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Exploiting a unique organotypic model of bronchial dysplasia to improve the early detection of lung cancer

Research aim

To develop new biomarkers to detect lung cancer earlier.

Research aim

Background information

We have already developed a laboratory “test tube” model of lung “pre” cancer that closely resembles the human disease.

We now want to establish what are the key genetic events that accelerate this process and use the model to develop novel biomarkers that may be used in early detection.

The greatest challenges facing the lung cancer research community are how we can diagnose lung cancer earlier and how we can develop new treatment strategies for the prevention or treatment of lung cancer. We expect to identify key genetic events that drive the progression of lung cancer. Ultimately, this could lead to molecular tests that does not require a biopsy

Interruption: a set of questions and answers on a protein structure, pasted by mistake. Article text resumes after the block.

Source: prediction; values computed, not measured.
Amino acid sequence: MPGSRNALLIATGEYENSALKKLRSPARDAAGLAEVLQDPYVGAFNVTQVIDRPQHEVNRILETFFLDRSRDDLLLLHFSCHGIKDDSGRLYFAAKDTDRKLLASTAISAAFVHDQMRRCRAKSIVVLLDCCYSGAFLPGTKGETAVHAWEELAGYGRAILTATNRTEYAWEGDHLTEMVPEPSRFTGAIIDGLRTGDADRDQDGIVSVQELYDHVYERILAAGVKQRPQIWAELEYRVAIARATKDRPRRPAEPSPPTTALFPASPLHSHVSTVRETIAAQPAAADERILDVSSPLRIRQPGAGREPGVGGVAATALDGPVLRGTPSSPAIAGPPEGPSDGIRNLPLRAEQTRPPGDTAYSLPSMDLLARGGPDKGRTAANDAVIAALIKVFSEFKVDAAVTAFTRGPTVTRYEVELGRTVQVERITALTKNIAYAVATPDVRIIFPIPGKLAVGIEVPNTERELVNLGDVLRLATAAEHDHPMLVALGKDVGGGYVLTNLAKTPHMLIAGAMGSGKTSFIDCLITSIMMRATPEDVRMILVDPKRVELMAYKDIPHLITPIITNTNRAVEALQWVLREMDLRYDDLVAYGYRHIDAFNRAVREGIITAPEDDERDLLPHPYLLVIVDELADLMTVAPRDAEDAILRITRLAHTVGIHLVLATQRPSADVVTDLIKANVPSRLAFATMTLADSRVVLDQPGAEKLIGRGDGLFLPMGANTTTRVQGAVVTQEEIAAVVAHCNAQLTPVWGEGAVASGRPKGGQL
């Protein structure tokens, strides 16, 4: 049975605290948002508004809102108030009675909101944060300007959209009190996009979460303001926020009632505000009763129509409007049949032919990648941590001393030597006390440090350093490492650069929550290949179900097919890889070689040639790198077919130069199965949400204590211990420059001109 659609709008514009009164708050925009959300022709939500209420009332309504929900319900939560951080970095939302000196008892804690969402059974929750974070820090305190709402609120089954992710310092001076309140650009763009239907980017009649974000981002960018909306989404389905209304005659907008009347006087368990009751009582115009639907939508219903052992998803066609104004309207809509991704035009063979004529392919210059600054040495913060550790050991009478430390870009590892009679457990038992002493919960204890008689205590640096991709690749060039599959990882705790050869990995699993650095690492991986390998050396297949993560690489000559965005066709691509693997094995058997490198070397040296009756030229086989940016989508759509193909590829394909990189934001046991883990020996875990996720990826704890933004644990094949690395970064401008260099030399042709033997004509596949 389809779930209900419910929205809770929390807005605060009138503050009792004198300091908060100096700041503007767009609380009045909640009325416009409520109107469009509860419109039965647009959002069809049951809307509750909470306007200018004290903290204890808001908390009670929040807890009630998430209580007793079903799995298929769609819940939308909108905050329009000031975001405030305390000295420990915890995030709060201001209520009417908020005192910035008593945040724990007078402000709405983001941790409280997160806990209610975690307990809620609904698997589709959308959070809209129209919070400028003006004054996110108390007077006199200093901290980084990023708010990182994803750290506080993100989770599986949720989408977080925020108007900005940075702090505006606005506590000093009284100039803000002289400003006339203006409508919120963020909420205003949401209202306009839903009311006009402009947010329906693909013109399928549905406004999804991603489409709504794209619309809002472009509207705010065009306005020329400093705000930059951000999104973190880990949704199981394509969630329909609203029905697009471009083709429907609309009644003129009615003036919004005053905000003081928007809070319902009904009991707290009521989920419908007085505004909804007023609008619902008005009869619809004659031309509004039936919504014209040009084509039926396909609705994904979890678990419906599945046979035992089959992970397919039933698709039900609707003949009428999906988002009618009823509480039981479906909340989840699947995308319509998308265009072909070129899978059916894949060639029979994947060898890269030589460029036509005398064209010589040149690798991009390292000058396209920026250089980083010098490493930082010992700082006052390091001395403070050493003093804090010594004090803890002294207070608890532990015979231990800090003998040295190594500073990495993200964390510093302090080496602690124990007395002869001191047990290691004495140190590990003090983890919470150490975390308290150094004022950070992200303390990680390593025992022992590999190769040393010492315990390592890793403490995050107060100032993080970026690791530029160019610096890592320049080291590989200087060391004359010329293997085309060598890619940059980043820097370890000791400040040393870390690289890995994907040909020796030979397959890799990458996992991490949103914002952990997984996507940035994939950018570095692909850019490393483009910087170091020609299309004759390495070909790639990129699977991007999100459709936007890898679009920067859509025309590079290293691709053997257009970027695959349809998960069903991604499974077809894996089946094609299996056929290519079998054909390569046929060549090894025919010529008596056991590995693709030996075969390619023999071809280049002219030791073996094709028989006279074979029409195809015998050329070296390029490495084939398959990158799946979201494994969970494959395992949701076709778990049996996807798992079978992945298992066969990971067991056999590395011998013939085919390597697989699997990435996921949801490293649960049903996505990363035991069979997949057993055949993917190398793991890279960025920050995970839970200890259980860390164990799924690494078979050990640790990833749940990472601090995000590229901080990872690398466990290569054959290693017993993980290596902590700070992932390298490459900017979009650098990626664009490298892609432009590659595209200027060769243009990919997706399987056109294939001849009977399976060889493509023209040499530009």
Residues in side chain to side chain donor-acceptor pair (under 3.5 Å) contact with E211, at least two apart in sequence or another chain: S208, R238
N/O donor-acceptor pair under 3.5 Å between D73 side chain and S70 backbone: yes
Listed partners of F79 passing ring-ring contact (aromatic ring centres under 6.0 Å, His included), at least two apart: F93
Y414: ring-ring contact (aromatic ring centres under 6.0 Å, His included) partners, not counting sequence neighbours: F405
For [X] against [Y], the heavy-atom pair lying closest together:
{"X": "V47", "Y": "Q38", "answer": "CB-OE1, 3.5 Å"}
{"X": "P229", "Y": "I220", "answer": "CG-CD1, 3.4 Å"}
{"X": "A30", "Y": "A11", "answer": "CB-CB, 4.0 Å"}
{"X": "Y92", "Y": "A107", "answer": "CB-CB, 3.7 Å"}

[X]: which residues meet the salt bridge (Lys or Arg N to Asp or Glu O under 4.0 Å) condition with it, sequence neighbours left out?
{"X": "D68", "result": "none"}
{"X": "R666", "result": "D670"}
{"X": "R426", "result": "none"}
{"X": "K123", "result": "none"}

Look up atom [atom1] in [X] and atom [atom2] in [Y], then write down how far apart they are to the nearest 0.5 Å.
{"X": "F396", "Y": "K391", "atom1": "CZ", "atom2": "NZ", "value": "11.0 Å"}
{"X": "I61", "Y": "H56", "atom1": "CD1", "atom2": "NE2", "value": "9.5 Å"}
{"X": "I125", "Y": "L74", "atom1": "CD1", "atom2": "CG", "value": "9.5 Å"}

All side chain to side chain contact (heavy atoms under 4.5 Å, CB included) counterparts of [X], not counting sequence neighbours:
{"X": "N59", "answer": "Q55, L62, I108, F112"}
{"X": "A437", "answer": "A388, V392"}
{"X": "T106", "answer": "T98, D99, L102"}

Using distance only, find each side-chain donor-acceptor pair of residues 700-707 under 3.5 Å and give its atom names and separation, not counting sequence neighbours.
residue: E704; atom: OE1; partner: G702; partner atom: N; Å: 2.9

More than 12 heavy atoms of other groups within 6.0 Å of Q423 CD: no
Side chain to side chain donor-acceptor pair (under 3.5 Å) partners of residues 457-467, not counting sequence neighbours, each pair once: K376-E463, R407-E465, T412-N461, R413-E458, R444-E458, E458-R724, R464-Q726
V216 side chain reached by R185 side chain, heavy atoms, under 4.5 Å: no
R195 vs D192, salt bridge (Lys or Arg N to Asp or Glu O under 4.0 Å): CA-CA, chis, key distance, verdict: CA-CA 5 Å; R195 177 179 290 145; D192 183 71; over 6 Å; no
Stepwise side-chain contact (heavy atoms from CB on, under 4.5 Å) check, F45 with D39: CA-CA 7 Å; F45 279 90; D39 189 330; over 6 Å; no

Dr Frank McCaughan, Kings College London

What is the problem to be addressed?

Lung cancer is the most common cause of cancer-related death. This is because patients with lung cancer present late, at a stage when the disease is incurable, and the currently available treatments for the majority of patients are not effective long-term.

We know that patients diagnosed with early stage lung cancer survive much longer, on average, than those with advanced disease.

The greatest challenges facing the lung cancer research community are how we can diagnose lung cancer earlier and how we can develop new treatment strategies for the prevention or treatment of lung cancer. This project will address the challenge of early detection.

Expected results and future impact

We expect to identify key genetic events that drive the progression of lung cancer. These events could be used as biomarkers.

We then expect that the model systems we create will be a rich source of new molecular biomarkers for early detection.

Ultimately, this could lead to molecular tests that does not require a biopsy and could be use to help diagnose lung cancer early.

Lead researcher: Dr Frank McCaughan | Location: King’s College London | Research type: Early detection